Monday, July 09, 2007

Daily Dharma: Pema Chödrön


Today's Daily Dharma from Tricycle:

Pushing Your Buttons

Nothing ever changes in this world through hating the enemy. Nothing ever changes through aggression and hatred. So if it's pushing your buttons, whether it's Hitler or an abusive parent or an immoral war--Hitler was wrong, a parent who abuses a child is wrong--you have got to keep working with your own negativity, with those feelings that keep coming up inside you. We have also had the experience of seeing wrong being done when there is no confusion and no bewilderment and we just say, Stop it! No buttons have been pushed. It's just wrong, unaccompanied by righteous indignation. When I feel righteous indignation, I know that it has something to do with me. In order to be effective in stopping brutality on this planet you have to work with your own aggressions, with what has been triggered in you, so that you can communicate from the heart with the rapist, the abuser, the murderer.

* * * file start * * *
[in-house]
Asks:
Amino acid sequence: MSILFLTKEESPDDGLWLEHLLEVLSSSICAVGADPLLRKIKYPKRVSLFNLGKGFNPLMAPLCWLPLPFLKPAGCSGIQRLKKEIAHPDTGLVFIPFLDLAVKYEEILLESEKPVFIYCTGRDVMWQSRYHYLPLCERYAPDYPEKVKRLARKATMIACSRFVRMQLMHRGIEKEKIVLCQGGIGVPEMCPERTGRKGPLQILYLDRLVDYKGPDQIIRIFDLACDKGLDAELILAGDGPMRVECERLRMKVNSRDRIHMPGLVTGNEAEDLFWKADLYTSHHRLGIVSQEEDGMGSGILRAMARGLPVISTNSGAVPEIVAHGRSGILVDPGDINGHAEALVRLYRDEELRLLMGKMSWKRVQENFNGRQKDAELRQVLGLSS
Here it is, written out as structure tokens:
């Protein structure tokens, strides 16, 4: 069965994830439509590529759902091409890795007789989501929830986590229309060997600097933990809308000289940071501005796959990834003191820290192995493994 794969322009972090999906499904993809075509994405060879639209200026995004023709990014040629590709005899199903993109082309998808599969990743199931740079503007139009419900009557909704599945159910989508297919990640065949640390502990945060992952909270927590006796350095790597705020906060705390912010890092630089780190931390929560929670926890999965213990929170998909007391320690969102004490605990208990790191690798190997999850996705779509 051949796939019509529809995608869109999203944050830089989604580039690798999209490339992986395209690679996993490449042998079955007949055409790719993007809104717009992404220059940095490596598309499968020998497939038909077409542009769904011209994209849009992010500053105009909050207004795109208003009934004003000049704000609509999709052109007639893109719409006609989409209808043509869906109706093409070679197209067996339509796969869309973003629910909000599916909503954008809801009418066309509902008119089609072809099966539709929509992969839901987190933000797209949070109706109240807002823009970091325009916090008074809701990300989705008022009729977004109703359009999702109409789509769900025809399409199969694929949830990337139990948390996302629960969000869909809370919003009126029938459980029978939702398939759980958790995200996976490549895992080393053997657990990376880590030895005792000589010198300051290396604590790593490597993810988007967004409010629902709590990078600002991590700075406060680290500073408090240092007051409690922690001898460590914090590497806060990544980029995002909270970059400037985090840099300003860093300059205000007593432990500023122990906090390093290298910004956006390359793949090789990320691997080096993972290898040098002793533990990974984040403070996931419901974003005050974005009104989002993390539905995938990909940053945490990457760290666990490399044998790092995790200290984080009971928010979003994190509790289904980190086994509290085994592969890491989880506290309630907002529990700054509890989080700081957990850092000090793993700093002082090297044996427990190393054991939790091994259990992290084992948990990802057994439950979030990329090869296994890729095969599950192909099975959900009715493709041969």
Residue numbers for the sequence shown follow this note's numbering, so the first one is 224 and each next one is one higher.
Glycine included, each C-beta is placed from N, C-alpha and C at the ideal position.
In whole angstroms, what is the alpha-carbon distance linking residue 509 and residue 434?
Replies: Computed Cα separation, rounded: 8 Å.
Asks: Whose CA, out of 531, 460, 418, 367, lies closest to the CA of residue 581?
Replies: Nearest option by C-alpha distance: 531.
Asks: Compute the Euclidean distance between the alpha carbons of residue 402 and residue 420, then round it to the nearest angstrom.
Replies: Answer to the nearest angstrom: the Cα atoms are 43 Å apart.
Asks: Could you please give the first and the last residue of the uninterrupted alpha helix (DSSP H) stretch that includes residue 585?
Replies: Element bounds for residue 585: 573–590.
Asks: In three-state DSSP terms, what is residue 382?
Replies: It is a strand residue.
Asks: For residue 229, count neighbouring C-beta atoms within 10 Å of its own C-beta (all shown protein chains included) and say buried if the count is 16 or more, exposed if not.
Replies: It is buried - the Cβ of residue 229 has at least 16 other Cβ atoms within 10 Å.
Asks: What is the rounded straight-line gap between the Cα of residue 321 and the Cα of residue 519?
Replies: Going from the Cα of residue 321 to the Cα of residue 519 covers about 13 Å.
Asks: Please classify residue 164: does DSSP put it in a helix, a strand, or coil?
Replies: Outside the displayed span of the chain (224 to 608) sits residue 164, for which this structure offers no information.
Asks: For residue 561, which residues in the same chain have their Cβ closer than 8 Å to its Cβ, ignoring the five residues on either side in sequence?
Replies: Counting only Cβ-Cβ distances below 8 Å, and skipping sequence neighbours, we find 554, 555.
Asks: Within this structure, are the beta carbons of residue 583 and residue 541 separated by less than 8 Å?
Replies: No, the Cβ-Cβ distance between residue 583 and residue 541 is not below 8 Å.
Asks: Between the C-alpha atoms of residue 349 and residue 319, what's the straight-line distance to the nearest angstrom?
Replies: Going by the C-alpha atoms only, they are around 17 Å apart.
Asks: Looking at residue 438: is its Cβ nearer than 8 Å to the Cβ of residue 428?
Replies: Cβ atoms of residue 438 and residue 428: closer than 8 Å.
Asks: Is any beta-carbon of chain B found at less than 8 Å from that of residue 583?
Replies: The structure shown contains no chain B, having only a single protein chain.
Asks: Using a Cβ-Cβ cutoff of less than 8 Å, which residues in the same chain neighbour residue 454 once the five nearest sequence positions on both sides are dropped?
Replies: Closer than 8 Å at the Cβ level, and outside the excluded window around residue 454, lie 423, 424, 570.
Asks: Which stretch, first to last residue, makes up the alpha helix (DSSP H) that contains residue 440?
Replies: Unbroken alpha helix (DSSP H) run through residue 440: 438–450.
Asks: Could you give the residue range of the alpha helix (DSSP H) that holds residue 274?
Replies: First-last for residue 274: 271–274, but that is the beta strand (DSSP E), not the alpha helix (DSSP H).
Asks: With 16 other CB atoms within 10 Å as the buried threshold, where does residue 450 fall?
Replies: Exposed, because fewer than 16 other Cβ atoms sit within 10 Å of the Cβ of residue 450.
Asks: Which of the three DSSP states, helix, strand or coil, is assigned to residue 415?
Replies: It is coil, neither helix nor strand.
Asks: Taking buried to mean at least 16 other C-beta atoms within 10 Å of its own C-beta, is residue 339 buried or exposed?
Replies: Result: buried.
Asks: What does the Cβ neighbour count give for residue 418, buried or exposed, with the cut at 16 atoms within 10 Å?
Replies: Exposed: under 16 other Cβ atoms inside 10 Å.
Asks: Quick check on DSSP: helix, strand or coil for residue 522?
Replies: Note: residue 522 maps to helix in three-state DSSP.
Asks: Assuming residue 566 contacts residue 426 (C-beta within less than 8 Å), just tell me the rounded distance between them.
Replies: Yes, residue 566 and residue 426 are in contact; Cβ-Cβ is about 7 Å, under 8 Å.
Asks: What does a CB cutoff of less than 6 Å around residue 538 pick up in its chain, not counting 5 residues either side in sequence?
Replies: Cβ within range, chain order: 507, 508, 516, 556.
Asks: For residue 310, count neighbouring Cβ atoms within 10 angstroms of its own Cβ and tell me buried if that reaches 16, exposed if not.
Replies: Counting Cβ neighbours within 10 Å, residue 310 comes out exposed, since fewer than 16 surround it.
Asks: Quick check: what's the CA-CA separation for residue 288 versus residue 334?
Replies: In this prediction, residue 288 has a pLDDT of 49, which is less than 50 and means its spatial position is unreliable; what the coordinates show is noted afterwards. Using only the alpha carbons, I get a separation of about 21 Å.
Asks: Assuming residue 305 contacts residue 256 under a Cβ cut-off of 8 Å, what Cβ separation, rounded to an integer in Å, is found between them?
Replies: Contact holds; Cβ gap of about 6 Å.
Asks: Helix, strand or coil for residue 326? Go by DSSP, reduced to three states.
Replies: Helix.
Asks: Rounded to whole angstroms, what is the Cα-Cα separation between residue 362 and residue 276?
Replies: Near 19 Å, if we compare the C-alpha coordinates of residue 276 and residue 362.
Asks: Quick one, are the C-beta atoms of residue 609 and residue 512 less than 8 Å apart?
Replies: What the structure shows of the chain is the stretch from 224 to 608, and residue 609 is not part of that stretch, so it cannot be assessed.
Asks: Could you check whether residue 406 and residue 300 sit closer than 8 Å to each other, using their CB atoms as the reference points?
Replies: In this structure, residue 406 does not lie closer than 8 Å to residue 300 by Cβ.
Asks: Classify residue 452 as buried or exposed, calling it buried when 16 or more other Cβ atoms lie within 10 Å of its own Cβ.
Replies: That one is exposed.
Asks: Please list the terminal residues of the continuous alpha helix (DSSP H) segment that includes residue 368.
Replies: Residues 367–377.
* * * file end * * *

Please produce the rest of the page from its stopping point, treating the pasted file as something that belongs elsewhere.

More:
~ Pema Chödrön, Tricycle: The Buddhist Review, Vol. III, #1

2 comments:

DoubleCinco said...

I am a first time commenter, but have been reading your blog with great appreciation for over a year. I am moved to comment by Pema's words.

The piece I have is that righteous indignation and outrage are dangerous drugs that all of humanity are prone to get wasted on. Outrage may be viewed as an experience generated by thoughts, particularly the delight in thinking how wrong they are and how right we are to be indignant.

But this cognitive experience fueled by thoughts actually distract us from our anger and frustration and move us away from the non-verbal, non-cognitive experience of the now.

If we opened up to the emotions beneath the outrage we might discover profound sadness and compassion that all of us live in a world where people are so easily violent and sadistic.

Thank you Bill for your creativity and passion.

WH said...

Thanks for sharing your thoughts, which I agree with completely. It's far too easy to let the verbal "monkey mind" take us away from pure experience and into negative emotions, in particular.

Glad you enjoy the blog!

Peace,
Bill